Learn more about how to write the ultimate RTW packing list.

7. Eat at farmer’s markets, on streets, or anywhere they locally source

positive impact www.grassrootsnomad.com GoGreenEatLocal

Eating food from the ground that you’re walking on is about as good as you can get it; farmer’s markets, and street food stands, and tiny little cafes off the beaten path are the ones that are going to be where to get this good for the soul food. When you find a place that is selling local produce, it means the community is being employed, the earth is being looked after, and the economies that exist there are being sustained—this is the best way, hands down, to eat green and go green on the road.

8. Add reusable bags to your mix

Taking your own carrying capacity when you frequent those farmer’s markets not only saves your vendors some change (and sometimes, you as well) it’s also good for the environment. So if you’re not a backpacker, grab a light pack with plenty of space to carry away trinkets when you go out for the day and if you’re a backpacker, find something small that won’t add bulk, like this fold up number by flip & tumble.

Travelling is a great thing, but the way to keep it that way is to be responsible for keeping the communities on your itinerary sustainable, and it’s easy. Just a little tender loving care and the world can be the same place for your trip today as it is tomorrow—so plan, then pack, smart, and bon voyage!

What are your top tips for having a more positive impact while travelling? Comment below with your best advice!

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26 Comments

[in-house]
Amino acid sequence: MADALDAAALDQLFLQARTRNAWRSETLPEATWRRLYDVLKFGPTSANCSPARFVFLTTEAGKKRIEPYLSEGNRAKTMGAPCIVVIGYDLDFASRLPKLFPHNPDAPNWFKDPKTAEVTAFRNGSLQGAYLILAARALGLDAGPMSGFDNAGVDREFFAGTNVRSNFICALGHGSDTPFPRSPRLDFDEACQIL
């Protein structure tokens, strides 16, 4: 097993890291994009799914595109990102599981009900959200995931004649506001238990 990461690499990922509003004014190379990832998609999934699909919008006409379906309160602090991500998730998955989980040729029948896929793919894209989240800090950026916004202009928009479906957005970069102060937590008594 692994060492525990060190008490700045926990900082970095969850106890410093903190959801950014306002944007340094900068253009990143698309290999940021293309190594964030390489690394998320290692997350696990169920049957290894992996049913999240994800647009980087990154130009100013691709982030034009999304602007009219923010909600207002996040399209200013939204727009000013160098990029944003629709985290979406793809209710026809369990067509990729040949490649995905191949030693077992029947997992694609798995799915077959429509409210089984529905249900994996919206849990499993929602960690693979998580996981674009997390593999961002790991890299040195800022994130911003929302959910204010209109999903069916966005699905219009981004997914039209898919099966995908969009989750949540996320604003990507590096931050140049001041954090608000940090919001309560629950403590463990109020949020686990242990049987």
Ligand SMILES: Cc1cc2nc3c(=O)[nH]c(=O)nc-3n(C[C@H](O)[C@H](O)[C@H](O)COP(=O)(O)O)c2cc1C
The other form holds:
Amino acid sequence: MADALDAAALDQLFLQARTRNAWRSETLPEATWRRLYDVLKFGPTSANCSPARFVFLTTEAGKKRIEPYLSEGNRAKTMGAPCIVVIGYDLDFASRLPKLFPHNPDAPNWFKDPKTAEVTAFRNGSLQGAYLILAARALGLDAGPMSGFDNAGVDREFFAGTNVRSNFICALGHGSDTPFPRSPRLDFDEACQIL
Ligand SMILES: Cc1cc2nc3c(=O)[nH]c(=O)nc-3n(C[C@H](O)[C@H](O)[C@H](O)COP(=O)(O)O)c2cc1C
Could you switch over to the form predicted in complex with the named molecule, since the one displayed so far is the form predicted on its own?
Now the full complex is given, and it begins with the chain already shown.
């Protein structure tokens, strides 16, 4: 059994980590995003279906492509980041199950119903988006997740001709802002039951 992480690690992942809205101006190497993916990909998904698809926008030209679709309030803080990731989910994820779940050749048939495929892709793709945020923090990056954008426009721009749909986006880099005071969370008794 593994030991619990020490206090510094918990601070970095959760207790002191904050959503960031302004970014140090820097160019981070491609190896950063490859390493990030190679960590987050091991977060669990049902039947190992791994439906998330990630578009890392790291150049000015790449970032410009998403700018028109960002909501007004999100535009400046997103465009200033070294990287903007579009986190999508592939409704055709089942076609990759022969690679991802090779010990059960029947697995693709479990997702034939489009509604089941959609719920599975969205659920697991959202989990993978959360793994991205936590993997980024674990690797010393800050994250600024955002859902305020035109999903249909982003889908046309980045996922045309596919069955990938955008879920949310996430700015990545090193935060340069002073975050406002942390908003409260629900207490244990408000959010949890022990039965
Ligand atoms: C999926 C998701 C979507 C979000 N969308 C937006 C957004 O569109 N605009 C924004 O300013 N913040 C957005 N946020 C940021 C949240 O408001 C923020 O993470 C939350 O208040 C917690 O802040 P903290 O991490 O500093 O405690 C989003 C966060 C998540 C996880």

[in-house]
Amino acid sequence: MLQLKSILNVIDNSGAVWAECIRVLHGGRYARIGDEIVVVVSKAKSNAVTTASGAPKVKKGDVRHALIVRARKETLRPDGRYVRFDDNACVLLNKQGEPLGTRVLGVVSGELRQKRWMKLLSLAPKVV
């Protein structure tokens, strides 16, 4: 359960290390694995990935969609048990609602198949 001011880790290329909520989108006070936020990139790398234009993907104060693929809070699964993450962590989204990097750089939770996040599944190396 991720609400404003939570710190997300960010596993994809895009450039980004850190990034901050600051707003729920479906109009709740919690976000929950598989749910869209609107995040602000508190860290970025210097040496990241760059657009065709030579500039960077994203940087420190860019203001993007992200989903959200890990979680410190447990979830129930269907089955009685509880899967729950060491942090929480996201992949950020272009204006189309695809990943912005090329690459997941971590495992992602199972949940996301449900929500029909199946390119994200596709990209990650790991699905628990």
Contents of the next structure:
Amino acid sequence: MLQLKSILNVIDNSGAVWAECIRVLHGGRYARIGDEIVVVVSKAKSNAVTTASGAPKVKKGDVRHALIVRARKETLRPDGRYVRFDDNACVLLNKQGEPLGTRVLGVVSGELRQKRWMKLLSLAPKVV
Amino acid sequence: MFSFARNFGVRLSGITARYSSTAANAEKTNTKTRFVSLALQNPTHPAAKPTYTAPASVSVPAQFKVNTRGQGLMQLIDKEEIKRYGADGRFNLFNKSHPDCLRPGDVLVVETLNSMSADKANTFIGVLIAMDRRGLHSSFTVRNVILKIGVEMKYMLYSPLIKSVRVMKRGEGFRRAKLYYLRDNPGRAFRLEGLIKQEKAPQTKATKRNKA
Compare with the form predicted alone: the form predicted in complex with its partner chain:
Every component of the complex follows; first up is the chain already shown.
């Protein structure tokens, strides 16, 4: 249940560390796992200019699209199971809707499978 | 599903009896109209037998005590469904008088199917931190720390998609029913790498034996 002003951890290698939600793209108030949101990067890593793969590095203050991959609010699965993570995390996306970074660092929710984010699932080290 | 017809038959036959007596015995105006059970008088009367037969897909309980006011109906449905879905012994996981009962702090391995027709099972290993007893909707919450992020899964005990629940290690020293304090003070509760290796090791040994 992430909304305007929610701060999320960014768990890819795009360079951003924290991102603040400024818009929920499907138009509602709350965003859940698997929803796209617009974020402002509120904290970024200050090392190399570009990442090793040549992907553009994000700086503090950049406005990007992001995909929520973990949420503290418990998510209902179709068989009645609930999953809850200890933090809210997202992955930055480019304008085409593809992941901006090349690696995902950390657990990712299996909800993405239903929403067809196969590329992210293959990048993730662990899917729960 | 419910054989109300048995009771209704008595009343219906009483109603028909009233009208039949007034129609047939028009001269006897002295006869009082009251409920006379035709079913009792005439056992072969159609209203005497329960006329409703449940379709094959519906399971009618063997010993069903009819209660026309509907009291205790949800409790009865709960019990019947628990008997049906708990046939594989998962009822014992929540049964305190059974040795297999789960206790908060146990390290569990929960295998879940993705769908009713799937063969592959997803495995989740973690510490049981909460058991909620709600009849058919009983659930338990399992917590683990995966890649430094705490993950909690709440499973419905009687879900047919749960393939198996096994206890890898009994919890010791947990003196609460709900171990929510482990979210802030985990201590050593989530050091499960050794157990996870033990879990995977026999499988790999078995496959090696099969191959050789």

Natalie

I was happy to find that we do most of these while traveling! 😀 While some of it comes out of just being cheap (especially the packing light as to not incur checked baggage fees and walking since it’s free!), that’s awesome that they have the double benefit of having a positive impact on the places we visit, too.

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Grassroots Nomad

That’s great Natalie! So good when something has a double benefit 😉

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Deea

Useful reminders to keep in mind 🙂 Proud to realize I’m doing most of these things – I especially like the buy locally and pack light parts!

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Grassroots Nomad

That’s great Deea! Packing light is sometimes the most challenging thing of all :S

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MariaAbroad

I love going to the market when I travel. I get to try local foods and meet local people. It is such a great way to learn about and support the local economy. I also love your suggestion about taking public transportation. I enjoy this so much, when I travel, as I currently live in a place with very limited public transportation (ugh, I hate Texas public transport system!).

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Grassroots Nomad

Thanks for reading Maria! I am always so surprised as to how terrible public transport is in the States, particularly in the South. I remember in San Antonio they didn’t even have proper sidewalks so I had to walk in the gutter!

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leslieweighill

Agreed! Going to local markets for fresh fruits and veg is cheap, healthy, and supports the small producers. And it’s an amazing way to exchange some culture!

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Grassroots Nomad

I agree! It also means you are always eating fresh and in-season food. mmmmmm!

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Girlswanderlust

Very useful tips! It’s nice to see that most of these things I’m already doing when travelling. I love to try the local food and during city trips I always explore the city by walking!

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Grassroots Nomad

Thanks Tamara and it is great to hear that you are already travelling this way. I also love to explore on foot, wandering around aimlessly 🙂

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Christina